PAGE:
6.28.2010

Fresh- Pickled Vegetables, Sweet and Tangy Style

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For my birthday, a friend gave me Alice Waters's "The Art of Simple Food." The book looks all old-timey, with beautiful sketches. But also kind of intimidating. Sketches always scare me a bit. Well, after months of being scared, I told myself to man up, and look through it. I did, and it was great. The fresh-pickled vegetables recipe caught my eye, especially as I was plotting on yet another way to get rid of some turnips. Oh, the turnips.
One thing I noticed right away was how little salt this recipe called for. I didn't like that one bit, so I tripled the amount. There were a few ingredients on the list that surprised me, but that's why the recipe stood out in first place, so I went for it.
The verdict? These pickles reminded me of the Momofuku pickle jar we recently had on our NYC trip. They were tasty, but not necessarily the type of pickles I crave. I'm more of a dill and garlic kind of gal. And these were sweet and tangy. But the two jars were gone within a week, and I would definitely make these again. What I really liked is that these were ready to go in about three hours and you can vary this recipe with almost any vegetable. In addition to turnips, I used green beans and carrots. In short, Alice Waters did not disappoint.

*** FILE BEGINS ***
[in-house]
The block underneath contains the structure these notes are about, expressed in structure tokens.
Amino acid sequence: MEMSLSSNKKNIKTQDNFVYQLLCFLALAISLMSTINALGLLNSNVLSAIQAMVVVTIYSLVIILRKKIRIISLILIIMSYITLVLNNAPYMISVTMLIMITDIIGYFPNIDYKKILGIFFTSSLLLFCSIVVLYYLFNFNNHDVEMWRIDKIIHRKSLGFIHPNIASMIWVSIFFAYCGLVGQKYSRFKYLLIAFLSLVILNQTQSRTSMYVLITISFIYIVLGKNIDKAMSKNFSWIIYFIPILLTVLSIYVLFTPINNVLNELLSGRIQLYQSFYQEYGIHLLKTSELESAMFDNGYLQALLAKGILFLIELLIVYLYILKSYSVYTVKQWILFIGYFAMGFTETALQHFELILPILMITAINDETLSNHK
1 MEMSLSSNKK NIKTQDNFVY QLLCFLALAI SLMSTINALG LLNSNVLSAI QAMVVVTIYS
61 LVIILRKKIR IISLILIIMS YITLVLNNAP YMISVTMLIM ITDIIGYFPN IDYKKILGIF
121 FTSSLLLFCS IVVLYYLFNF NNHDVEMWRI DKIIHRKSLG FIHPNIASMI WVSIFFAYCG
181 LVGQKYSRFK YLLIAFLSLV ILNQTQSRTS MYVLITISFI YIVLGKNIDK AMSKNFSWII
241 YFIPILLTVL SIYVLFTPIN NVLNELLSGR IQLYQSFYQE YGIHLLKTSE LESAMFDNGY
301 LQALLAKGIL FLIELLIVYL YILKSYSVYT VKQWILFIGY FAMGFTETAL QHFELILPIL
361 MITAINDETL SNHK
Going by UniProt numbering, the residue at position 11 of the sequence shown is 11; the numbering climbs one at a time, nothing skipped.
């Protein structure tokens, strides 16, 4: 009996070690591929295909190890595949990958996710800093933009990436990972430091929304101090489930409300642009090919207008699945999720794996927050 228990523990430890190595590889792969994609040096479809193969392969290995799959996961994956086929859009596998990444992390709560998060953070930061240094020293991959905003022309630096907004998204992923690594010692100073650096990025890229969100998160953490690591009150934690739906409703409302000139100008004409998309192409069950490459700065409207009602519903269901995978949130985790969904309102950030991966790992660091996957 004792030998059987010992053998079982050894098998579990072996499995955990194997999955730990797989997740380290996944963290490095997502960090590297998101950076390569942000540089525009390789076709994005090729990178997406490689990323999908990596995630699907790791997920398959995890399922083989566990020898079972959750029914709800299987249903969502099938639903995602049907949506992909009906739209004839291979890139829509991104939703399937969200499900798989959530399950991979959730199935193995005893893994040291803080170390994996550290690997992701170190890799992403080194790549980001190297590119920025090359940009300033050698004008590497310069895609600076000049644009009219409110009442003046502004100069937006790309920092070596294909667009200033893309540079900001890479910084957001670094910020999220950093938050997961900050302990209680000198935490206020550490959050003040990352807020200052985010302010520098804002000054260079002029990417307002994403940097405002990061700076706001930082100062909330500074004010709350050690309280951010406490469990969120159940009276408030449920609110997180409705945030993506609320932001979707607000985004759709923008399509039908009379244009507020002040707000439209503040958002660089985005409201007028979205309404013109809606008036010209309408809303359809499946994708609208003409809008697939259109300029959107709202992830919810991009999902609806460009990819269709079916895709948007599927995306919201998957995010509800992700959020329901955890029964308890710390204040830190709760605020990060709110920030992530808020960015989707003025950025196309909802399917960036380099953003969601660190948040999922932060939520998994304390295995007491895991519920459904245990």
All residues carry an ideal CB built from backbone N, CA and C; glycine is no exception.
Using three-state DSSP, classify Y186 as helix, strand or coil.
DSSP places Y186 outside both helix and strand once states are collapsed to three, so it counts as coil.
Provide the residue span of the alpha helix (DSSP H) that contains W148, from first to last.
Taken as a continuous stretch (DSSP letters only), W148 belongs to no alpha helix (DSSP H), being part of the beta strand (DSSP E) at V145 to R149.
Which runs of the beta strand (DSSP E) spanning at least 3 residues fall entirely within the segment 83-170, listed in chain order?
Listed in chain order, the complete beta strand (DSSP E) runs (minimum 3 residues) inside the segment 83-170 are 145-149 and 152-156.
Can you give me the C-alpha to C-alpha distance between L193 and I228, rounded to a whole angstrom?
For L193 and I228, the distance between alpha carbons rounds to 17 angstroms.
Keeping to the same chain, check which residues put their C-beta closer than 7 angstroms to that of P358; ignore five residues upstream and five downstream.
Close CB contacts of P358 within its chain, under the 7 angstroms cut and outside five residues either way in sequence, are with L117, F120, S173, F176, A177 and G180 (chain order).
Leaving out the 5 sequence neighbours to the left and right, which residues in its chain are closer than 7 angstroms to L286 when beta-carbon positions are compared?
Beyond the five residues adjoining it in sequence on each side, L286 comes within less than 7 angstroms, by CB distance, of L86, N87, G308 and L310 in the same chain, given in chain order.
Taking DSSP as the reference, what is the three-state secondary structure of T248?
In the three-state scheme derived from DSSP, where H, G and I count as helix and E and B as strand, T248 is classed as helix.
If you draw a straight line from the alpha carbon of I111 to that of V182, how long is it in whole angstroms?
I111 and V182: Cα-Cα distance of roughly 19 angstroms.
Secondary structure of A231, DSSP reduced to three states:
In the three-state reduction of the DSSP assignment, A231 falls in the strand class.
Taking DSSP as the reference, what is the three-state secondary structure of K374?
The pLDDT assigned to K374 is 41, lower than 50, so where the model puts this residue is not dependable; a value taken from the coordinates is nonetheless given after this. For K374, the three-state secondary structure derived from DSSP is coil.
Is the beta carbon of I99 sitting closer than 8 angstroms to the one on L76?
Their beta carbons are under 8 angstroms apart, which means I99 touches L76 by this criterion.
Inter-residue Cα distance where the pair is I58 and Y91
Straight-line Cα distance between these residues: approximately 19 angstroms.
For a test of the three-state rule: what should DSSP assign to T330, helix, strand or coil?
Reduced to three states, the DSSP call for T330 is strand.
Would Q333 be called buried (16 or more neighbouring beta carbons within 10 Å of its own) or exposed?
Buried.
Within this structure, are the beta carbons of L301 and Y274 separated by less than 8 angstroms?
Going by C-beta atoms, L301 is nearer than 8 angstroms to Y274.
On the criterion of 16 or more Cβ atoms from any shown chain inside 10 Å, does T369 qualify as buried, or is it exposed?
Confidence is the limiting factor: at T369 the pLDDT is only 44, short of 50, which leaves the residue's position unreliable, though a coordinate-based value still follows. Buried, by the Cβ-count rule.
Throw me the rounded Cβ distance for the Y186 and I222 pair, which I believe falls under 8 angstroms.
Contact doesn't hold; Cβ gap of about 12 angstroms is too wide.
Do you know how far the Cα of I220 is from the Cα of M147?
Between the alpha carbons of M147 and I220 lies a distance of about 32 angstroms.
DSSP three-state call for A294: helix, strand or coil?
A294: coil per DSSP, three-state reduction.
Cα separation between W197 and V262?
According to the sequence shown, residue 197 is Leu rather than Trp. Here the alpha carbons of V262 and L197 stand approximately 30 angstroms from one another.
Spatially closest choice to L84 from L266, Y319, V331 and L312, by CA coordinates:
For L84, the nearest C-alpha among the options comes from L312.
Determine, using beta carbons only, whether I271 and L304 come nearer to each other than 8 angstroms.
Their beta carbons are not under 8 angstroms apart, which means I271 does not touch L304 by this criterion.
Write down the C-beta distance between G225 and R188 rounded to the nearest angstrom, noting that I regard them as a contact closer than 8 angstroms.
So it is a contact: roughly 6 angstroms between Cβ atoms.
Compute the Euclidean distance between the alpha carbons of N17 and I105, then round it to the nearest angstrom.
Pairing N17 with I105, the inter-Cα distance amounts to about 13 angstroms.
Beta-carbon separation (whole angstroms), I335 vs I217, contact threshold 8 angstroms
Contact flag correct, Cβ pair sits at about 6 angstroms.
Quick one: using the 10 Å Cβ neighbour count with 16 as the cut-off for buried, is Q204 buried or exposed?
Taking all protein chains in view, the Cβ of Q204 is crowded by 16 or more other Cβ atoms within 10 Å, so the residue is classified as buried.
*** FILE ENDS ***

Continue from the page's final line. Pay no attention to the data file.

Fresh-Pickled Vegetables
(The Art of Simple Food)

For 3 1/2 cups of pickling brine, combine and bring to a boil:

1 1/2 cups white vinegar
1 3/4 cups water
2 1/2 tbsp sugar
1/2 bay leaf (I used a whole one)
4 thyme sprigs
1/2 dried cayenne pepper or a pinch of dried chili flakes
1/2 tsp coriander seeds
2 whole cloves
1 garlic clove (I used like 5)
a big pinch of salt (this baffled me, so I used 3 tbsp)

Cook your vegetables in the brine. Cook each vegetable separately, until cooked through, but still crisp, and set aside to cool. Once the vegetables and brine are cooked, transfer both to jar, cover and and refrigerate.

These will keep in the fridge for a week.

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